Experts argue Washington may use Gabala Radar Station
Azerbaijan, Baku, Dec. 22 /corr. Trend E.Tariverdiyeva, R.Agayev / Despite the doubts of the American experts regarding the use of Gabala RLS in the missile defense system of the USA, the experts from the CIS do not exclude this possibility.
"The incoming Obama Administration will not deploy a U.S. missile defense system in Azerbaijan, since the incoming Obama administration is much more skeptical about the effectiveness of ballistic missile defense than the outgoing Bush administration," Mark Katz, American expert on the Caucasus, said.
The Vice Chairman of U.S. Senate Foreign Relations Committee, Richard Lugar, called on to more attentively approach the initiative of Russia on deployment of missile defense system in Azerbaijan during his visit to Moscow. The U.S. President-elect Barack Obama will not give up the U.S. project on deployment of the elements of missile defense system in Europe, said Lugar in his interview with "Echo Moscow" radio station on Dec. 17.
"Maybe, the initiative of Russia on deployment of station
in Azerbaijan (Gabala RLS) will be considered as an option," said Lugar.
At the summit of G8 held in summer 2007, Moscow proposed the USA to jointly use Gabala RLS in Azerbaijan, and also the station on prevention of missile launchings constructed in Armavir, the south of Russia.
American security experts believe that the use of Gabala radar station is less likely to take place as they are skeptical of willingness of the new administration to create a confrontation with Russia.
"The possibilities for the Obama Administration to deploy a
missile defense system in Azerbaijan are very small," Yannis Stivachtis,
American expert on security, said. President-elect Obama made clear during his
campaign that the new US Administration will favor diplomacy over the use of
"The deployment of a US missile defense system in Azerbaijan could only lead to confrontation," Stivachtis, Director of International Studies Program at Virginia University, told Trend via e-mail.
According to the expert, this, however, would confirm to the world what the Russian Government was saying all along, namely that the US missile defense system installed in the Eastternm Europe targets Russia and not Iran or any other country.
Until 2010, the United States plans to install radar in the Czech Republic and ten interceptors in Poland under the pretext of ensuring defense against the missile threat of Iran. Russia fears that this system will threaten its security. At early Nov., the Russian President Dmitry Medvedev stated as a reply to deployment of elements of the U.S. missile defense in Europe that Russia will deploy Iskander missile complexes in the Kaliningrad Oblast and introduce radio-electronic suppression of missile defense elements.
"President-elect Obama and his administration will not deploy missile defense system in Azerbaijan or in Poland and the Czech Republic," Katz, professor of the U.S. George Mason University, said to Trend by e-mail.
The incoming Obama Administration has repeatedly said that it will try to improve relations with Iran. "The Obama team might see holding off on this deployment as a positive gesture that Tehran will appreciate," Katz said.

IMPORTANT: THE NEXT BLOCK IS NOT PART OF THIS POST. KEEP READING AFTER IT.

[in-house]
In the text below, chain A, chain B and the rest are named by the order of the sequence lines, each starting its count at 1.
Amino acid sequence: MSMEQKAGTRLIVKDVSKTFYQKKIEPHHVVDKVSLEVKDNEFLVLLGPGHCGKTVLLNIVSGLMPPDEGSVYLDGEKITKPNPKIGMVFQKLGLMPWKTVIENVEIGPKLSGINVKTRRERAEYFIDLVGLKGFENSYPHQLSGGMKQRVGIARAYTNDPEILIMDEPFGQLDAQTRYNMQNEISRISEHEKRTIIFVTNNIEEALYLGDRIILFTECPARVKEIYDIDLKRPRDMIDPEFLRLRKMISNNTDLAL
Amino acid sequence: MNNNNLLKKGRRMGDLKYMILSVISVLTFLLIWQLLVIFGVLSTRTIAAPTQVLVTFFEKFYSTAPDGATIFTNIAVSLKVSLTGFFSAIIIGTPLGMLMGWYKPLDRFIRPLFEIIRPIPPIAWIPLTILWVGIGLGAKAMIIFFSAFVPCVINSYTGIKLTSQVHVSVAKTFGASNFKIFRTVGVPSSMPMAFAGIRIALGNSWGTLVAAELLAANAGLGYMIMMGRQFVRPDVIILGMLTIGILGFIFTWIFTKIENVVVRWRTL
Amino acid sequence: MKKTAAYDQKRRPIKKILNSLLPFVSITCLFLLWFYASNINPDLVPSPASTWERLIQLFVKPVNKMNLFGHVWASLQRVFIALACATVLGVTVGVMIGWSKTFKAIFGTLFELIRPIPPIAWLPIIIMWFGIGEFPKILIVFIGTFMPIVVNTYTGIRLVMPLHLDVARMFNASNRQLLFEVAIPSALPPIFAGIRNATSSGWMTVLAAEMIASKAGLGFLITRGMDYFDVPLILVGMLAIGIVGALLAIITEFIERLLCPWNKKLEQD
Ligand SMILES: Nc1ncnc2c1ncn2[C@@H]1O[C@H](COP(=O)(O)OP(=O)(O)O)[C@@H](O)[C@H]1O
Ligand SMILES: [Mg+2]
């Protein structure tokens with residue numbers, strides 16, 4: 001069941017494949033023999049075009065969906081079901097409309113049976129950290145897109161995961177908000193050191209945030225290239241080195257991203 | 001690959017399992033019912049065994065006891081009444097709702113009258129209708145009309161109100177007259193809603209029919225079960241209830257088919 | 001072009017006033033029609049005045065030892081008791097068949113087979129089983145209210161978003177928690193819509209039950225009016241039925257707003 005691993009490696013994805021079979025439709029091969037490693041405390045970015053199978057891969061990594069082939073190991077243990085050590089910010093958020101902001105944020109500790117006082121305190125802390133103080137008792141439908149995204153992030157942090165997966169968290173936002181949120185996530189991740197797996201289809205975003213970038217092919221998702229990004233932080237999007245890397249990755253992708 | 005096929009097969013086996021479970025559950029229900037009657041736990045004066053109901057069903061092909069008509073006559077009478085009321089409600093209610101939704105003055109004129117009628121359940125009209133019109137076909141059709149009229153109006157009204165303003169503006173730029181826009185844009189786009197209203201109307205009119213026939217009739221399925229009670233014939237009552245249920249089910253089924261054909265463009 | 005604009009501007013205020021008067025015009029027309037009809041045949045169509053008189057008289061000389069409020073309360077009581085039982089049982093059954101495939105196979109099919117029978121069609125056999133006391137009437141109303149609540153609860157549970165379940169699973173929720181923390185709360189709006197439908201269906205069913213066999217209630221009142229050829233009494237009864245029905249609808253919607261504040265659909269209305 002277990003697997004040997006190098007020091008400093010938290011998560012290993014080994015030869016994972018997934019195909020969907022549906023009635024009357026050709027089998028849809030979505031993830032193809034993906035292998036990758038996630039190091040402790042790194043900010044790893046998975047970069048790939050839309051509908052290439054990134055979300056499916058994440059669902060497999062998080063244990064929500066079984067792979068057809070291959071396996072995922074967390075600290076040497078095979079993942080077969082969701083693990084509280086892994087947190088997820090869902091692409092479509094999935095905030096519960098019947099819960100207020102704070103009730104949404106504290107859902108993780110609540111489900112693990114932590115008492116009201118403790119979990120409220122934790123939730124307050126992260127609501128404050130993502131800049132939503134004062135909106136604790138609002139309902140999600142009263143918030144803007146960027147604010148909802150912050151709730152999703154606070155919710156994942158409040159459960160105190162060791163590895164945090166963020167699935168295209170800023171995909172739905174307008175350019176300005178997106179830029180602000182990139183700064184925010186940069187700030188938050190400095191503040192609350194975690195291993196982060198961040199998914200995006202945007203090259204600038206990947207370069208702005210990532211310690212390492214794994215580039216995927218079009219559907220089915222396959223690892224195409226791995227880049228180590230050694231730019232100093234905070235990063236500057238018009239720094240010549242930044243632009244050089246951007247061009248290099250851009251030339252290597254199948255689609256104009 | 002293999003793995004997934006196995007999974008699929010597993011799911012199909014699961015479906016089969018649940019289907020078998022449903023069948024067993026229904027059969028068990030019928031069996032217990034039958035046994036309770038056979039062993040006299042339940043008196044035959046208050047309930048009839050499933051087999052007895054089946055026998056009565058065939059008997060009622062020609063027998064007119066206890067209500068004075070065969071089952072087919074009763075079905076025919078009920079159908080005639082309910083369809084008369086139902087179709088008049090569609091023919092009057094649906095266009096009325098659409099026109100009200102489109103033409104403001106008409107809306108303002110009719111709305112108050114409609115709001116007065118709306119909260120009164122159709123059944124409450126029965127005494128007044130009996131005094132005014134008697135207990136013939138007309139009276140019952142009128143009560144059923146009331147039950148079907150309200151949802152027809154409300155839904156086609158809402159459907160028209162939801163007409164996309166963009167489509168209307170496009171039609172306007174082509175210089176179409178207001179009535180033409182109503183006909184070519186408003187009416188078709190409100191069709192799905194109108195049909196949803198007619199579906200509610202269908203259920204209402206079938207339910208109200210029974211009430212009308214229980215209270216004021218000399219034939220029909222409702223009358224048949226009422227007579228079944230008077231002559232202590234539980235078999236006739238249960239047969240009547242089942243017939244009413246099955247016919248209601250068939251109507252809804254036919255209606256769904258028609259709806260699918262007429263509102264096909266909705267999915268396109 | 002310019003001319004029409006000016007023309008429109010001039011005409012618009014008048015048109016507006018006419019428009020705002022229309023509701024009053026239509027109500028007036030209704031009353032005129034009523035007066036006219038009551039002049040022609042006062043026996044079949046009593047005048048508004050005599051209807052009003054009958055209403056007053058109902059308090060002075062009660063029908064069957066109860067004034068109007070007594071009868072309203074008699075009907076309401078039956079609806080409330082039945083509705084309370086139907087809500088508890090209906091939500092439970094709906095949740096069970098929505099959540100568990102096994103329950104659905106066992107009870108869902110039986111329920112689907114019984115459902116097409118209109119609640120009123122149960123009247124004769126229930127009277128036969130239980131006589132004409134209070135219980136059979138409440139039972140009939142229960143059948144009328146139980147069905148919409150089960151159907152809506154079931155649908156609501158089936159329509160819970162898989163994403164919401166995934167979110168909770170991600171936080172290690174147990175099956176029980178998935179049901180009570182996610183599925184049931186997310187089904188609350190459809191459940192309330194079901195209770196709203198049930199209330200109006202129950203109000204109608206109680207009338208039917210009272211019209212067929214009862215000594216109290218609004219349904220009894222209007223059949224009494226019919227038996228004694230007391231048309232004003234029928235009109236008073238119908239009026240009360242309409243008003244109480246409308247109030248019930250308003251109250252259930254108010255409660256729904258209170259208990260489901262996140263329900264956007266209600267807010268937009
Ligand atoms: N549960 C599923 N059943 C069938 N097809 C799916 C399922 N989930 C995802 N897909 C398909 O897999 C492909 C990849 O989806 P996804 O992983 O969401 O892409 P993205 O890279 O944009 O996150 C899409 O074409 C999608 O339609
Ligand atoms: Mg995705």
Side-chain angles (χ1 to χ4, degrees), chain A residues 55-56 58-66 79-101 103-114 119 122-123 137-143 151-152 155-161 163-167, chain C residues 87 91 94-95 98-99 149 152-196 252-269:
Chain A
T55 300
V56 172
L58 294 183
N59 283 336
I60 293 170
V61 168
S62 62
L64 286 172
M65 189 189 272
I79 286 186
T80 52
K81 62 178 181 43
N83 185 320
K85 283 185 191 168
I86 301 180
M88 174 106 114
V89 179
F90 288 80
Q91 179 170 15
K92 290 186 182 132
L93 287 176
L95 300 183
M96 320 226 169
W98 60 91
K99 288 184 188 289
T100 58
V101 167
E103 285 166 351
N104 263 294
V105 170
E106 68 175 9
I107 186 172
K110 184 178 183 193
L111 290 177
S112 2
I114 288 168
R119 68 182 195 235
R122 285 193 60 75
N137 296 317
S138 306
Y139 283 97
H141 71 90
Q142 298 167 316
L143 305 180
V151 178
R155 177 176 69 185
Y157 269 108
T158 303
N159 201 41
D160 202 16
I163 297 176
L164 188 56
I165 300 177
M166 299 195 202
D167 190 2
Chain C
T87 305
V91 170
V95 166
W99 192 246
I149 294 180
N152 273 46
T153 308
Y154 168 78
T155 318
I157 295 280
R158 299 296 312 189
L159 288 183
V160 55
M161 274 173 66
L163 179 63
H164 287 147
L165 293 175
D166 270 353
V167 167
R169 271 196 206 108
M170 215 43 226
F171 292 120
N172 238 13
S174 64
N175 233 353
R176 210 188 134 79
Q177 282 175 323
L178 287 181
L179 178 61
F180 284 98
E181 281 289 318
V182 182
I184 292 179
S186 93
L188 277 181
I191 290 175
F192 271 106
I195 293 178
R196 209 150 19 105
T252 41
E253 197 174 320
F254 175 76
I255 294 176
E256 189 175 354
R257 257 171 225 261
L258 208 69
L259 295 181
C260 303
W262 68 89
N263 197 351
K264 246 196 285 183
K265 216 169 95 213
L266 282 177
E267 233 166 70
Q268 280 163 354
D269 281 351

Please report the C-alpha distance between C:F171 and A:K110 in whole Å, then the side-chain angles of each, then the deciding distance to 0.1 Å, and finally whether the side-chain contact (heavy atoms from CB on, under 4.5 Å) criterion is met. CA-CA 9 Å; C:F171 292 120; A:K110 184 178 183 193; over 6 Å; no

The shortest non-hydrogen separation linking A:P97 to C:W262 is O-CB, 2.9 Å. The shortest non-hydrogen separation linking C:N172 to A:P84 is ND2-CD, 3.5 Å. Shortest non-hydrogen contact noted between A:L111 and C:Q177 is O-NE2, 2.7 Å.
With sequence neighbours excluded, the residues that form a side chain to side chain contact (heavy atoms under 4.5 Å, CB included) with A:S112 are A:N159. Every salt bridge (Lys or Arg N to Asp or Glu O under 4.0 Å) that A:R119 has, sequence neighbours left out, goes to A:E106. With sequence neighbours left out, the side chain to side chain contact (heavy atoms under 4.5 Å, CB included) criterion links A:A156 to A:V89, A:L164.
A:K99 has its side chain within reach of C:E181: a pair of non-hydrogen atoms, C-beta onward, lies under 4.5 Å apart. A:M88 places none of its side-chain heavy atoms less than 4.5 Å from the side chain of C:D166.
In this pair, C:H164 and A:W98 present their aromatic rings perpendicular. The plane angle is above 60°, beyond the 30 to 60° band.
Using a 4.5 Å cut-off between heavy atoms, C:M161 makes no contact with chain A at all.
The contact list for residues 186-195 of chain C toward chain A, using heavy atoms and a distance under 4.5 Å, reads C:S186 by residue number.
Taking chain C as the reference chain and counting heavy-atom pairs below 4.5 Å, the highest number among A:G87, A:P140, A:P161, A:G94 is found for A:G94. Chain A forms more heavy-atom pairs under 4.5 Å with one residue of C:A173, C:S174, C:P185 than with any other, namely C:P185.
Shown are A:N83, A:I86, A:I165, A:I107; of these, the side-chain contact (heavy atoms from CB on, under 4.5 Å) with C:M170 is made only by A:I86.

However, Russian expert believes that U.S. is likely to use Gabala Radar Station to improve relations with Russia.
The new U.S. administration will get what it needs from its partners as well as from Russia by not taking unilateral hard stance, said Mikhail Remizov, Russian expert on security. "The result will be the same - America's interests ranking in fairway with small expenses," said Remizov, President of the National Strategy Institute. He said the joint use of Gabala radar station in Azerbaijan with Russia is a good opportunity for U.S. "It can be a reason for Obama not to speed up deployment of missile defense in Europe, at least, at full capacity," he said.
Azeri expert says deployment of the American missile shield in Azerbaijan is fortification of the U.S. in only one Caucasus region which pursues balanced political line by favorably manoeuvring in geopolitical location.
"Pushing missile defense to Azerbaijan is testament to Moscow's weaker position in the country. It will lay an encouraging foundation for Azerbaijan's NATO membership and will block strategic corridors for missile programs of not only Russia and Iran, but also China who attracts American political experts by its defense programs," Tofiq Abbasov, expert of LEADER Media Holding analytic group, said to Trend .
The success of this initiative can also be a reliable starting point for U.S. against influential Islam states such as Iran, Turkey, Saudi Arabia and Pakistan.
Though American observers are sure that U.S. is not going to use Gabala Radar Station, some analysts argue that it is likely to take place in future, he said.
"The decision of Obama to deploy a US missile defense system in Azerbaijan may take place in response to a Russian action," Stivachtis
said. "The question, therefore, is: is it in the interest of Kremlin to provoke
confrontation with the U.S. that would encourage the latter to deploy a US missile defense system in Azerbaijan?" Stivachtis noted.
Some analysts argue that the economic problems that the US currently faces at home in conjunction with the over-stretching of US forces world-wide, provides Russia with considerable opportunities to challenge the United States, expert said.
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